In any industry, there are the serious players and there are crackpots. Put a relatively new and massively growing phenomenon like crowdfunding together with an ancient human desire to explore and you can get some really hare-brained schemes.
You can’t blame people for dreaming. Or can you?
The schemes Gizmodo features are pretty out there.
In one case, a project raised $40.13 of its $80,000 goal, probably, according to Gizmodo, “because its plan makes no sense and appears to be written by an ESL hallucinogen enthusiast with delusions of grandeur.” Perhaps the surest proof of this fact was that the plan was to build hotels in space – with a budget of, ummm, $80,000.
Another laugh-inducer is the attempt by Bristol Spaceplanes to make affordable space tourism a reality based on an attempted (and failed) crowdfunding raise of 10,000 British pounds. And it sounds like they may have been in cahoots with the failed campaign for space accommodations.
“At Bristol Spaceplanes, we are proposing a straightforward way of slashing the cost of access to space. This would lead to most of us being able to afford a visit to a space hotel.”
Now, apparently, we have neither the means to get there nor the place to stay when we get there. Darn. Looks like it’s Napa Valley again this year.
These campaigns – and millions more – fail … and a great many of them rightly so.
But these amusing disasters betray some sad truths about crowdfunding.
Sad Truth #1: Anyone can launch a crowdfunding campaign – including people who shouldn’t be allowed on the interwebz. OK, so crowdfunding is one of the most democratic forms of revenue-generation – and that’s great. But the more buffoons the phenomenon attracts, the harder it is to find the cool, legit campaigns amid the flotsam.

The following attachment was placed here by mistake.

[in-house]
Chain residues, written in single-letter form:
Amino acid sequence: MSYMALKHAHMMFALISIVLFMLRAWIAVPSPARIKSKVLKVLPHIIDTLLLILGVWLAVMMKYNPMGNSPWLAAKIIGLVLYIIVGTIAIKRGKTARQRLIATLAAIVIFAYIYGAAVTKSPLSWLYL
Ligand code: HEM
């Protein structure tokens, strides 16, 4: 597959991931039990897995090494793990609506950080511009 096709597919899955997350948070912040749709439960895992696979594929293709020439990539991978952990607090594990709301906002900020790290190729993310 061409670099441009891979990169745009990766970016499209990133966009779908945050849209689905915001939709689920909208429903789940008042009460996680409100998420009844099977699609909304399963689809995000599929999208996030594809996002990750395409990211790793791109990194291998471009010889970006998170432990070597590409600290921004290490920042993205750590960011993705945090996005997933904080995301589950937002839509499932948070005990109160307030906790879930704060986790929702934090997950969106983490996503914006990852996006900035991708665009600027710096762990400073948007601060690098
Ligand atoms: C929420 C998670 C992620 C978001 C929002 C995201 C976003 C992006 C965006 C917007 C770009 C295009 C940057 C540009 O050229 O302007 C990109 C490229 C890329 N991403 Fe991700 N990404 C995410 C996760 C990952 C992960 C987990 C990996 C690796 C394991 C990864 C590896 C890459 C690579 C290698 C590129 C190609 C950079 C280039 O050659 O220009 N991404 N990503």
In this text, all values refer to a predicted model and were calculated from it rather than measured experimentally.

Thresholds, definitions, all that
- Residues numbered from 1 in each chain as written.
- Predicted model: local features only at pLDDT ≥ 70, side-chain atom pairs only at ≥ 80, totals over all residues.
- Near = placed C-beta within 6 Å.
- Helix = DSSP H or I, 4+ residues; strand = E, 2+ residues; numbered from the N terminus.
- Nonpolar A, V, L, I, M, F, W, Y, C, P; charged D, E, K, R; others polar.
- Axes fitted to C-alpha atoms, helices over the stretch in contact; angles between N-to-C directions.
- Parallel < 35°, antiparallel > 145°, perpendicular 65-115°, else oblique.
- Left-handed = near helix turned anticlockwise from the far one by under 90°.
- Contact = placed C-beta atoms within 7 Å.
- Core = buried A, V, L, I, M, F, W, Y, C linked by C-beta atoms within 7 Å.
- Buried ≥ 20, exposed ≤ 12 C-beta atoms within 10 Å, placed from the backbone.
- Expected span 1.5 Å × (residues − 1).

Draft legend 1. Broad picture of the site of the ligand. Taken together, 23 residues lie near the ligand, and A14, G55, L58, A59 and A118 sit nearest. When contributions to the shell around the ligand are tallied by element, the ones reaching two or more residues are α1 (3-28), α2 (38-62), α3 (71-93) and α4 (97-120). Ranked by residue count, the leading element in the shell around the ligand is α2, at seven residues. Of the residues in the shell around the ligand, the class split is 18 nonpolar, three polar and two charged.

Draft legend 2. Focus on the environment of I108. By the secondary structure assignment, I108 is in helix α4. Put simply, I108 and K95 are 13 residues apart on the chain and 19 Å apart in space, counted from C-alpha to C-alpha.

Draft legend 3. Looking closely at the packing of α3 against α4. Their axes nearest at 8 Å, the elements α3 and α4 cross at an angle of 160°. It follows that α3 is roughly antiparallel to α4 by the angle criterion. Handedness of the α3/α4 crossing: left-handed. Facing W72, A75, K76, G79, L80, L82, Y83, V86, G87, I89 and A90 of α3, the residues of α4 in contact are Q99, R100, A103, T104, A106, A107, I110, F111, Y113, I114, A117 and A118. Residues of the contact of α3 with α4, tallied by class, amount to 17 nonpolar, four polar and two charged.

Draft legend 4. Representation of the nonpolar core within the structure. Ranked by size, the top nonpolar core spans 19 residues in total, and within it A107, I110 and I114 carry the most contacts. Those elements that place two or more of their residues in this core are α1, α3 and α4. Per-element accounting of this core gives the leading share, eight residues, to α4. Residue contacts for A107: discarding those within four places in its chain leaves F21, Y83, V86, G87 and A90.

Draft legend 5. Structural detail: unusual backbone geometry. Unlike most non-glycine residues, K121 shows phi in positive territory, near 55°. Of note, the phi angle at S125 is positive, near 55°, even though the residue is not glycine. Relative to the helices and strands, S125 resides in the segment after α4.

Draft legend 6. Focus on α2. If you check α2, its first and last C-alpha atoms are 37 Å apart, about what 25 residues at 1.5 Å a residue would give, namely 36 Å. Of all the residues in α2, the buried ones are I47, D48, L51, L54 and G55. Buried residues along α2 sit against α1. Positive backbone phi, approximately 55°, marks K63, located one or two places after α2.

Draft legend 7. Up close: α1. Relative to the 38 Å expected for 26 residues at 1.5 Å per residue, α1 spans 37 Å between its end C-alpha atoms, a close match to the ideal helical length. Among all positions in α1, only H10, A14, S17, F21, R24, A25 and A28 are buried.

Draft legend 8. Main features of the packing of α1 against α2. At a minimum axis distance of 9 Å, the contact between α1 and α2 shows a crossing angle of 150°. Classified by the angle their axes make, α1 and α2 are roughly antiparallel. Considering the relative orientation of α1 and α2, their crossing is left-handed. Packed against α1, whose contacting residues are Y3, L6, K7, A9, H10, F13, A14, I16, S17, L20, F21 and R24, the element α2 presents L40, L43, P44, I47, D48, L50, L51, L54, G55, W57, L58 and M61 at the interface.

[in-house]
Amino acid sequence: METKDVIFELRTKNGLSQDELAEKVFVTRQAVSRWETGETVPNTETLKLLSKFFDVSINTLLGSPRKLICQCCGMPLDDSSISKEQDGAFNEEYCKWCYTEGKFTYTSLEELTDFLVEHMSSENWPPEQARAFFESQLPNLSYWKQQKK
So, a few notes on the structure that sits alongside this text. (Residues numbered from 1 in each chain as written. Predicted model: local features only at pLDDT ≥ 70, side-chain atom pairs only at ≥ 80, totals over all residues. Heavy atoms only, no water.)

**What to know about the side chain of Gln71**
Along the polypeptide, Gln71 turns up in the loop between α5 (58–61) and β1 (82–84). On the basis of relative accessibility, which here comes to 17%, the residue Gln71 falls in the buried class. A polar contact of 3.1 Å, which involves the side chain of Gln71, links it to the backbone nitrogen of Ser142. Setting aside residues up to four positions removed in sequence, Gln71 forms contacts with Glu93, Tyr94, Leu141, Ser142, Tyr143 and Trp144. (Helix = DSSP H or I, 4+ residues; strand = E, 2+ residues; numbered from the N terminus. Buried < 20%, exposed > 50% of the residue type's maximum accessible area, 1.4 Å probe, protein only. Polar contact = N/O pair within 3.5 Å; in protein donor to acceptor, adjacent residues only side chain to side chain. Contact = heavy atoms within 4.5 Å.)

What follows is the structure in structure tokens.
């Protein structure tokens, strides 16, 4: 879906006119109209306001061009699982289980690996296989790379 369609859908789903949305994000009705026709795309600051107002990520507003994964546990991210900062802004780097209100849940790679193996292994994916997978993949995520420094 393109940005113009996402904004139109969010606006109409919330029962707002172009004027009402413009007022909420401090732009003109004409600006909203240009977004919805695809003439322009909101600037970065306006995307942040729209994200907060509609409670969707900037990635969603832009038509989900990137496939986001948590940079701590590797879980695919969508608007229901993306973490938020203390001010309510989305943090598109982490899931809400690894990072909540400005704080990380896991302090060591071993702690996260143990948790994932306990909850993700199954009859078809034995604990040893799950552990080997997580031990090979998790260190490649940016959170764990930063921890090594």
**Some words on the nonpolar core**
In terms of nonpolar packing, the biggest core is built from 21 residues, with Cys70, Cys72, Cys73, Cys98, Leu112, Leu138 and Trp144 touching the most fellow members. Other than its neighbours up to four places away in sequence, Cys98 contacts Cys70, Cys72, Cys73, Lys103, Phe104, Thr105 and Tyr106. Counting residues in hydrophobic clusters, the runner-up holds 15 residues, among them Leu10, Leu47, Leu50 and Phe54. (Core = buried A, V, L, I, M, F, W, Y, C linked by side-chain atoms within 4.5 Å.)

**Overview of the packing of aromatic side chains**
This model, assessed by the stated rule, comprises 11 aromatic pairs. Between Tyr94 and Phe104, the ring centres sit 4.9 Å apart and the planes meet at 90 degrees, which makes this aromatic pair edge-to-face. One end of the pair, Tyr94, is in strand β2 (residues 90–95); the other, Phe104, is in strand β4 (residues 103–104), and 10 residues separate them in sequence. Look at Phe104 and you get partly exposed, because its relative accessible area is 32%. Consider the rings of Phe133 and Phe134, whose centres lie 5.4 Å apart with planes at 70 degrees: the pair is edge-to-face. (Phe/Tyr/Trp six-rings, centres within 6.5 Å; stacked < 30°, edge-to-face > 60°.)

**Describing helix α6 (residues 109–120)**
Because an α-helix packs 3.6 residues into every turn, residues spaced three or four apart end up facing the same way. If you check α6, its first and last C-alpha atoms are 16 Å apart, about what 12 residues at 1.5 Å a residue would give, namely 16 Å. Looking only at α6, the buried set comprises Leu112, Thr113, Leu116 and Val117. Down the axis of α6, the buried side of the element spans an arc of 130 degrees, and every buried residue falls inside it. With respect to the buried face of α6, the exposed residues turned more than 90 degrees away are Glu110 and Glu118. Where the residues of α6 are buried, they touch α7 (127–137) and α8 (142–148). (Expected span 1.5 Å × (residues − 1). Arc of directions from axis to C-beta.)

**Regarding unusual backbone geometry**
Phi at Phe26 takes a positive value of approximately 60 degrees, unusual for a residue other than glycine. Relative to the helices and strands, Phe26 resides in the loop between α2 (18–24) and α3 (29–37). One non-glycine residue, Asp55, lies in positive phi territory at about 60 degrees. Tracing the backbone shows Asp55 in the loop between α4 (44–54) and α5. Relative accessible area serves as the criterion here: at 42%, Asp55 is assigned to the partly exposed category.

Sad Truth #2: Good campaigns can flounder while bad campaigns can succeed. Blame democracy again, because ultimately the people decide. But just like in a democracy, money talks with an outsized voice. A good marketing strategy can work wonders, but success at crowdfunding, too often, means manipulating the system to the advantage of already deep-pocketed initiators. Consultants, purchased “backers,” and other fraudulent or nearly fraudulent strategies can boost a dubious idea while obscuring some awesome ideas.
Sad Truth #3: Crowdfunding mega-sites hurt the little guy and benefit the big guy. Ginormous multinational corporations have discovered crowdfunding as a tool for testing new products, building social media followers and even raising funds from unlikely sources. Who can fault them? It’s working. But that puts the very idea of crowdfunding at risk. When a tool for small projects gets coopted by a steamroller of global commerce, there’s little future for the quaint idea that crowdfunding can change the nature of the start-up economy.
Sad Truths #4 to 1,268: There are a whole bunch of Sad Truths about the way crowdfunding has been compromised by money, power and self-interest. But there’s also this:
1 Happy Truth About Crowdfunding: BidOkee is inventing a crowdfunding platform that revives the beautiful idea that crowdfunding was meant to be. We are creating a stand-alone, gamified crowdfunding platform that will let ideas shine by returning crowdfunding to its original dream. This is something worth checking out.